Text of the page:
Should Black People Really Be Worried About Shawty Lo’s ‘Baby Mamas’?

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How great of a threat is a Southern rapper to the state of the Black family, when his biggest contribution to pop culture thus far has been being part of a group that gave us a catchy dance song named after candy almost seven years ago?

According to Oxygen, “All My Babies’ Mamas (pictured),” which stars rapper Shawty Lo, his 11 children, and the 10 women he created them with, is a one-hour special chronicling ”every second of the drama-filled lives surrounding a unique ‘modern’ family unit, as they navigate their financially and emotionally connected lives.”

I imagine the fledgling network still excited with even half a million viewers has bigger plans than for this project than a one-off special, but there are a growing number of people hoping to stop “All My Babies’ Mamas” from even getting to that point.

Many who have watched the 10-minute clip that served as a pilot for the special are demanding its cancellation. The most popular petition was launched by Sabrina Lamb and has thus far amassed more than 4,500 signatures.

In an open letter directed at Oxygen development execs, Lamb writes:

By pushing these degrading images, your company seeks to profit from the humiliation of girls and women and the blatant stereotyping of African Americans. We think Oxygen and the show’s creators and producers have gone too far and if this show is aired, we will, without hesitation, boycott any and all companies that advertise during this minstrel show.

Although I wouldn’t want to be a branch on Shawty Lo’s family tree either, I find it a bit grating to see other Blacks be so quick to dismiss their own as a “minstrel show.” Even if dramatized for the sake of creating a narrative for a show, these are actual people leading relatively the same lives on and off camera.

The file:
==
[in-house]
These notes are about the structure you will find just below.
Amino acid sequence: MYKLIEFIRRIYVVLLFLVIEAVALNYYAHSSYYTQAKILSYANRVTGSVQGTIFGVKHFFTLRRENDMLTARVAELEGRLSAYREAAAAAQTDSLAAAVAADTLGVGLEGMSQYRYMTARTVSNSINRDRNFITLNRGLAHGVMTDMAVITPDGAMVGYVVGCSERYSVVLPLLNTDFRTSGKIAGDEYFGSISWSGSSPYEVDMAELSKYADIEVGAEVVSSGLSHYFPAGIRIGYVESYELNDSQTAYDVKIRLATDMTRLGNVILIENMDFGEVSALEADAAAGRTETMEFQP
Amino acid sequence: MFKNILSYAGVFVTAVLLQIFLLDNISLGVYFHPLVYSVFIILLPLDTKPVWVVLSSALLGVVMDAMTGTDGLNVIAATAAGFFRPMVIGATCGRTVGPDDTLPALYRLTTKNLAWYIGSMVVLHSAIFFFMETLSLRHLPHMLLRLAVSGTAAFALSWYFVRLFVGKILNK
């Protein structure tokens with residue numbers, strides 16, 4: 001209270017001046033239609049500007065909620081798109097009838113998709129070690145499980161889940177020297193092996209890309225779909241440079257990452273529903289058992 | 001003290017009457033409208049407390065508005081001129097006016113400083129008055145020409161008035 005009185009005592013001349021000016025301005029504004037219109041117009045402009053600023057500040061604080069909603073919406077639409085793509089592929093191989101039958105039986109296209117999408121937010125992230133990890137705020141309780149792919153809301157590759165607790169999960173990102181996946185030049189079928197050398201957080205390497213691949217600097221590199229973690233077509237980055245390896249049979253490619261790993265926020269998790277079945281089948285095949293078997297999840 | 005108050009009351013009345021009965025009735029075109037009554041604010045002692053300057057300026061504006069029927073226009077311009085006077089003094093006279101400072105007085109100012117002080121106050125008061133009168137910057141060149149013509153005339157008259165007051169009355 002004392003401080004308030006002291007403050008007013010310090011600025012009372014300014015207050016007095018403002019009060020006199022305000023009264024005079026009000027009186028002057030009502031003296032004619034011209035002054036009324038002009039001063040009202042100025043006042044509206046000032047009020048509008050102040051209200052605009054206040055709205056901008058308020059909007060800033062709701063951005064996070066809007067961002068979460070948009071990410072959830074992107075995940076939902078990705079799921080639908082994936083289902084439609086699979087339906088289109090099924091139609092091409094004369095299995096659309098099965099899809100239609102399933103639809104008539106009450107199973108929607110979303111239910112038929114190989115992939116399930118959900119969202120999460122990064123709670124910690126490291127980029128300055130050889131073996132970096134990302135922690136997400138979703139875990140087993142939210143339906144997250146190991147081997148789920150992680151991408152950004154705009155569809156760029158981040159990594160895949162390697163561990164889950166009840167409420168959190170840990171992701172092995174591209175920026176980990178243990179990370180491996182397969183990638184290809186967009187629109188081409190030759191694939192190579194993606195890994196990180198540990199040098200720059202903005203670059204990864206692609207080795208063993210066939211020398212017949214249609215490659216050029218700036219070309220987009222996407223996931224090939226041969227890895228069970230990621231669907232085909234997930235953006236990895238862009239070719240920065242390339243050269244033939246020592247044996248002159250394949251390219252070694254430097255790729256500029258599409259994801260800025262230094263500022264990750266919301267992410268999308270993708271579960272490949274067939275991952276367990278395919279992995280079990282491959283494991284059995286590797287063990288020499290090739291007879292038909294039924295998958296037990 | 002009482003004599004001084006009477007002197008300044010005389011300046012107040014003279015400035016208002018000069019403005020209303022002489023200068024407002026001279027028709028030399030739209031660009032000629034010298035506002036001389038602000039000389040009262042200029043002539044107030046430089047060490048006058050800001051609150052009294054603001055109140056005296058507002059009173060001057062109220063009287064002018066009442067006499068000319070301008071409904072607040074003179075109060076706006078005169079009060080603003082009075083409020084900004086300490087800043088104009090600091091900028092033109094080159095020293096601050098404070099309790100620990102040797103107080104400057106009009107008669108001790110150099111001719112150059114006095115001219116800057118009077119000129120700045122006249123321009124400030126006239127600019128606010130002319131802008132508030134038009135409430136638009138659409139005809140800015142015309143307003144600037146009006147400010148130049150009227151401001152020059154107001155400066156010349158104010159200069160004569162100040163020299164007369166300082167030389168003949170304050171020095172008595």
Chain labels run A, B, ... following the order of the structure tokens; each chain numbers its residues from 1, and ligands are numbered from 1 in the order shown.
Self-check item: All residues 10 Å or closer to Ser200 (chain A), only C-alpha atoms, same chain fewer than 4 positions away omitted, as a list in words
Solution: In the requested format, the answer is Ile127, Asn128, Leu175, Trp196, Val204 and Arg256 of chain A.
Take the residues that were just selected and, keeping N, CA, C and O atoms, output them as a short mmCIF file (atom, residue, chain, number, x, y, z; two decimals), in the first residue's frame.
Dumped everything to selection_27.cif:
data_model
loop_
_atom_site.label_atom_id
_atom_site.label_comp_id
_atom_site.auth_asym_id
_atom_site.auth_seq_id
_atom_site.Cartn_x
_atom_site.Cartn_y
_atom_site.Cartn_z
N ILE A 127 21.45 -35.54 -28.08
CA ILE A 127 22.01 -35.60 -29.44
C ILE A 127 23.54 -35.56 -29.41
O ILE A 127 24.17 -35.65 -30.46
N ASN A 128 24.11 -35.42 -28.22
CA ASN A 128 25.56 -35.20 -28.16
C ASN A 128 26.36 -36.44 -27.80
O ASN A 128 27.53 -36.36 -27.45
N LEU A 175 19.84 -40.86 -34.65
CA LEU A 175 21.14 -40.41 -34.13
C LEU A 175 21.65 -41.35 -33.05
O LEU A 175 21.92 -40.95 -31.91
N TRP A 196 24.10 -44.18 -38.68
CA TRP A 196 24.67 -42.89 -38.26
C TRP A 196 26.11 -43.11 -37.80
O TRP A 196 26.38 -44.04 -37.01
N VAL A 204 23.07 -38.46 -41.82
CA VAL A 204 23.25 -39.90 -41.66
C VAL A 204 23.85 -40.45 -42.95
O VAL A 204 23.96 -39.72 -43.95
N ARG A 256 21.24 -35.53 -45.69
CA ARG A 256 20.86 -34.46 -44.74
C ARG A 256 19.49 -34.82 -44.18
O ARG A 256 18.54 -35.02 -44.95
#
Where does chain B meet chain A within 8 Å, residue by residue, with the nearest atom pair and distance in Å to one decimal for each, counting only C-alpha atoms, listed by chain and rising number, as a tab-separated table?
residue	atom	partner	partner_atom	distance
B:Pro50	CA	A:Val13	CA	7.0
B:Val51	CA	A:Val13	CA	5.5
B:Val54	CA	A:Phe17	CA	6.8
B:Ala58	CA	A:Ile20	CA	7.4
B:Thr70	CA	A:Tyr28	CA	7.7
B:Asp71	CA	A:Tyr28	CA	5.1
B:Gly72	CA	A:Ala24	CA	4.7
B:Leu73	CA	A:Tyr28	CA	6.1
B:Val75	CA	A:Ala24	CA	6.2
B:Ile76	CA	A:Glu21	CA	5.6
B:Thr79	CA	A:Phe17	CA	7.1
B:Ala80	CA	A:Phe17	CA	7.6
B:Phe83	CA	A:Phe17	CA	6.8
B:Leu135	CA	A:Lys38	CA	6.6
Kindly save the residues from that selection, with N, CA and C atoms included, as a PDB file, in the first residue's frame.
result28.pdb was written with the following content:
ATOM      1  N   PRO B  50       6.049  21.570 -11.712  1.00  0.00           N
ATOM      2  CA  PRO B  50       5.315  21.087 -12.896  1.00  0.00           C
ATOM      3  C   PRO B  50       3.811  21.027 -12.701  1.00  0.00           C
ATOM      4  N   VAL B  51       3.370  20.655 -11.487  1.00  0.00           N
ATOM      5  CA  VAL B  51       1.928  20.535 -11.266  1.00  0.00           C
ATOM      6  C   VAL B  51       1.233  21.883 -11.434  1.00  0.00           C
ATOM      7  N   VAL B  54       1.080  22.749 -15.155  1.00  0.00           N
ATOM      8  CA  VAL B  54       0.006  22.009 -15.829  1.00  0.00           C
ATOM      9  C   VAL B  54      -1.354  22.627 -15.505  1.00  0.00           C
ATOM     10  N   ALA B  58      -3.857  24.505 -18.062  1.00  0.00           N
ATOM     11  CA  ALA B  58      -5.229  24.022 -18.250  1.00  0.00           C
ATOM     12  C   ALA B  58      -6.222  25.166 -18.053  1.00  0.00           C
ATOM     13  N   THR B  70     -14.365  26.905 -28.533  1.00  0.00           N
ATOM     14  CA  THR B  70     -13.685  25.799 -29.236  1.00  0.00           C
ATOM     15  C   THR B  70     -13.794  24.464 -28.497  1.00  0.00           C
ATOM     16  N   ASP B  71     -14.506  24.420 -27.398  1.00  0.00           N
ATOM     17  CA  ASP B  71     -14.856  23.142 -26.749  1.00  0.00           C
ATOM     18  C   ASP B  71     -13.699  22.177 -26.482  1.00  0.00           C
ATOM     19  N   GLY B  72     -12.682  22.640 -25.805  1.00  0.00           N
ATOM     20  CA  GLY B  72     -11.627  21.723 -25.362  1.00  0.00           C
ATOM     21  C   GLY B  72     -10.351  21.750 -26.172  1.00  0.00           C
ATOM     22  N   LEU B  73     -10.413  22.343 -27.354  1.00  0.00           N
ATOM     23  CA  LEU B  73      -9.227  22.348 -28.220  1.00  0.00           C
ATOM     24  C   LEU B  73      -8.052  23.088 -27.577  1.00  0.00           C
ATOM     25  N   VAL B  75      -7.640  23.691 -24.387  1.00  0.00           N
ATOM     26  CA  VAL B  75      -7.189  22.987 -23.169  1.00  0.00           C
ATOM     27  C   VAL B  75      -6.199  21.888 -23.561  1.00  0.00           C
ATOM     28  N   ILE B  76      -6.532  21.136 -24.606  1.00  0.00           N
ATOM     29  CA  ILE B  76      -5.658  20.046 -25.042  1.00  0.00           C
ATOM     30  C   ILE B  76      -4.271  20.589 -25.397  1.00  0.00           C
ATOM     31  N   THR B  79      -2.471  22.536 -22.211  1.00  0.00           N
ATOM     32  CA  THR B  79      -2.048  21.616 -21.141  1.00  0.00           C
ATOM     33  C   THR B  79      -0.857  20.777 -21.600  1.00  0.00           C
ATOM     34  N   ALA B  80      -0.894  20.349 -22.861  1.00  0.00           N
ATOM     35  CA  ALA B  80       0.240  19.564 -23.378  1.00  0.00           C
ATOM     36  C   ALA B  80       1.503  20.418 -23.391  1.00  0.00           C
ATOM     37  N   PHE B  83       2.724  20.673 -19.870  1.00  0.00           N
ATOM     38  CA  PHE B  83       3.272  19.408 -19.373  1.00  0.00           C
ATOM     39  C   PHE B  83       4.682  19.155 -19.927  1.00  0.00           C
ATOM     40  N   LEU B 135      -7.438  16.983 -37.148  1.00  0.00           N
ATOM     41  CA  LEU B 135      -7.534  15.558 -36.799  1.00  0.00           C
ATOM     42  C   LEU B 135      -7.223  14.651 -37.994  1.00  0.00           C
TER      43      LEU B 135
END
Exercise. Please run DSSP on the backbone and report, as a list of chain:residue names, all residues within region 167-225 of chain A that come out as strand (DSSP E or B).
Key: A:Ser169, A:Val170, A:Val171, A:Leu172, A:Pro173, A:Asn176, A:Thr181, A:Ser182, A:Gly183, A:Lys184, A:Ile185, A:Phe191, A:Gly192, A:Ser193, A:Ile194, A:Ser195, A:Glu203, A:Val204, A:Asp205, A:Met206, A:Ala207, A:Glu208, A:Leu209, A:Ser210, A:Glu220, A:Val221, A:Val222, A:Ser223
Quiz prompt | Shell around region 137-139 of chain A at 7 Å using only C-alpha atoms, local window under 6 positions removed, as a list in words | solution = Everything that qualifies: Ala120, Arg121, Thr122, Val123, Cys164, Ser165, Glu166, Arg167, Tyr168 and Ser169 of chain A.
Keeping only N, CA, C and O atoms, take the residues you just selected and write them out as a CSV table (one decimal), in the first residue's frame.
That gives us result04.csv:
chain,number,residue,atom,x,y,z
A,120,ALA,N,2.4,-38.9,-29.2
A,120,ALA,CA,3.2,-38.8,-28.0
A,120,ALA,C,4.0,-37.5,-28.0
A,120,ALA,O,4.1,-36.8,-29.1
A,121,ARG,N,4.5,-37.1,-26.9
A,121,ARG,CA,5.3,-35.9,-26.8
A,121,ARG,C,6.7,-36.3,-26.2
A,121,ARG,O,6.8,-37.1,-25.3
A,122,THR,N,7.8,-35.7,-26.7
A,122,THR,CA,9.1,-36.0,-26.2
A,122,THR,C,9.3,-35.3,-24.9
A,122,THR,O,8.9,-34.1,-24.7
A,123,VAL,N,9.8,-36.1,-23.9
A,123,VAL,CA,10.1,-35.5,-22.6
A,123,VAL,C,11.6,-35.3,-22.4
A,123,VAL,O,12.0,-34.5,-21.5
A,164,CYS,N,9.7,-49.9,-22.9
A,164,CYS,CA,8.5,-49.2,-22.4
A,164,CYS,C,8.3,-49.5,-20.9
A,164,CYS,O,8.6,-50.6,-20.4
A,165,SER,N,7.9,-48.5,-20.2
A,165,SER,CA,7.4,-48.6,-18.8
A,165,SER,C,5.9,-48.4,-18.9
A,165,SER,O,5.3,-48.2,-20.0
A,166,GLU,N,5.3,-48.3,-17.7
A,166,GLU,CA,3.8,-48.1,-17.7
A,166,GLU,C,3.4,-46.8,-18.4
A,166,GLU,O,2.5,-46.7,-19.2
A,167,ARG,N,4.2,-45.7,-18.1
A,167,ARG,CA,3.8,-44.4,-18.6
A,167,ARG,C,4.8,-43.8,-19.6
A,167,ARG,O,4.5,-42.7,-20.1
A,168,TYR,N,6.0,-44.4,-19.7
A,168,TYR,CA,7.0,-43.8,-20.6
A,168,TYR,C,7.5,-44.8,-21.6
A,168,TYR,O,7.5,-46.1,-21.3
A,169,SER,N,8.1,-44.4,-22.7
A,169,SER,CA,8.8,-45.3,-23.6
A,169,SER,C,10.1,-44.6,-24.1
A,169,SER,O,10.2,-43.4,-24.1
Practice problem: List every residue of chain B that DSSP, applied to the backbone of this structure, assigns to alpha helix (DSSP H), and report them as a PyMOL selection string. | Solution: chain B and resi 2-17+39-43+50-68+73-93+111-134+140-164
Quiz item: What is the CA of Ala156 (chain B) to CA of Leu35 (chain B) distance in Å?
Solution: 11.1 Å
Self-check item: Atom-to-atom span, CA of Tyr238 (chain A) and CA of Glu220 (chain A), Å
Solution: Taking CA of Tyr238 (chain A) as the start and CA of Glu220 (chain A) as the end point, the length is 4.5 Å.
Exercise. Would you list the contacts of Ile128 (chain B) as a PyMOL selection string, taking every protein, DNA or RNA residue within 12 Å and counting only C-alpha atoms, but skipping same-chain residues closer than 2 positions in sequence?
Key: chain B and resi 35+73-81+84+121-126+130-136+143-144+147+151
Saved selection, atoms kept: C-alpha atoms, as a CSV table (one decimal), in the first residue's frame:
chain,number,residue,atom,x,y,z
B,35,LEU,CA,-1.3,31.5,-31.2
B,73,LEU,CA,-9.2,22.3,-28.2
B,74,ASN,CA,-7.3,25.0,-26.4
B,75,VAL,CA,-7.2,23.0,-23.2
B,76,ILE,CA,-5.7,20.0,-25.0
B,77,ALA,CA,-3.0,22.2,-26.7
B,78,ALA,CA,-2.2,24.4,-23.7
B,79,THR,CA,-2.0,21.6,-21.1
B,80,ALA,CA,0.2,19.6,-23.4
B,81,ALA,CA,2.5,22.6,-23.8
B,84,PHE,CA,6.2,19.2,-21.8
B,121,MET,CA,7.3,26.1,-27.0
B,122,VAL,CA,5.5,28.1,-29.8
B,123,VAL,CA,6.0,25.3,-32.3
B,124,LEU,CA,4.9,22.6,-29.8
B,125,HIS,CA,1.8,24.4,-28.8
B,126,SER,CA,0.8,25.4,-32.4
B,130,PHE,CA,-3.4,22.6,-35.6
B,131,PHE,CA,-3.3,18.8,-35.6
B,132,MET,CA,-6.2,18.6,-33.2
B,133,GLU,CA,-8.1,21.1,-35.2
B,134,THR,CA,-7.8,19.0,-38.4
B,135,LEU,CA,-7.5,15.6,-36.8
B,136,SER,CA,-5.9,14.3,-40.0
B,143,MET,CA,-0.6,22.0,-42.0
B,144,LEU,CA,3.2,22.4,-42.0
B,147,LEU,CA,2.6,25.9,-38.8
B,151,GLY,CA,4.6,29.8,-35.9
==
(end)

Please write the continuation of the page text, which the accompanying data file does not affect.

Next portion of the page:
They are not Stepin Fetchit, and it’s insulting to consistently immediately pass them, and other Black reality stars displaying less than pristine images on camera, as such. For anyone who professes to be that concerned about the children featured on the show, don’t dismiss their parents or their own existence so harshly.

Then again, that’s assuming this is actually about them and not merely another battle in the ongoing war among some Blacks as to who should be allowed to represent us onscreen.

I tend to be more concerned about balancing our imagery versus policing it, and in this instance, there are plenty out there to counter whatever Shawty Lo will offer.

The most-famous father in the country is President Barack Obama, and I’m almost certain that reruns of “The Cosby Show” will generate higher ratings than “All My Babies’ Mamas.

A few years ago there was the E! reality series “Snoop Dogg: Father Hood,” which showed the rapper as a hands-on dad who even took the time to coach his children’s sports teams. A more contemporary alternative is “T.I. and Tiny: A Family Hustle,” a VH1 reality series that also features a family consisting of children with multiple parents. We’ve seen numerous other rappers prove themselves to be responsible, loving fathers, too, i.e., Will Smith, Jay-Z, Ice Cube, Ludacris, Ice-T, Big Boi, Bun B and so forth.

I share concerns with those who noticed that many of the women the 36-year-old Shawty Lo has procreated with are young — possibly too young under the law when the sexual act happened. That said, call SVU and Chris Hansen. A signature can only do so much in that regard. The same can be said of concerns about unprotected sex, unplanned pregnancies and sexually transmitted diseases in our community.

So, as much as I understand how frustrating the state of Black entertainment can be at times, and as sympathetic as I try to be with those who want to lend their voices to the varying problems that exists in media, when I see these Shawty Lo protests, all I can wonder is how much power should we keep giving basic cable programming?

The end of “All My Babies’ Mamas” won’t stop those like Shawty Lo from being featured on “Maury,” fictionalized in urban literature, or for that matter, spotted on any random street. The spectacle of it all might be an eye sore, but sweeping it away isn’t substantive change. I don’t see how the cancellation of “All My Babies’ Mamas” will do anything to fight the troubles related to unprotected sex than the banning of video games will curb rampant gun violence.

Michael Arceneaux is a Houston-bred, Howard-educated writer and blogger. You can read more of his work on his site, The Cynical Ones. Follow him on Twitter: @youngsinick

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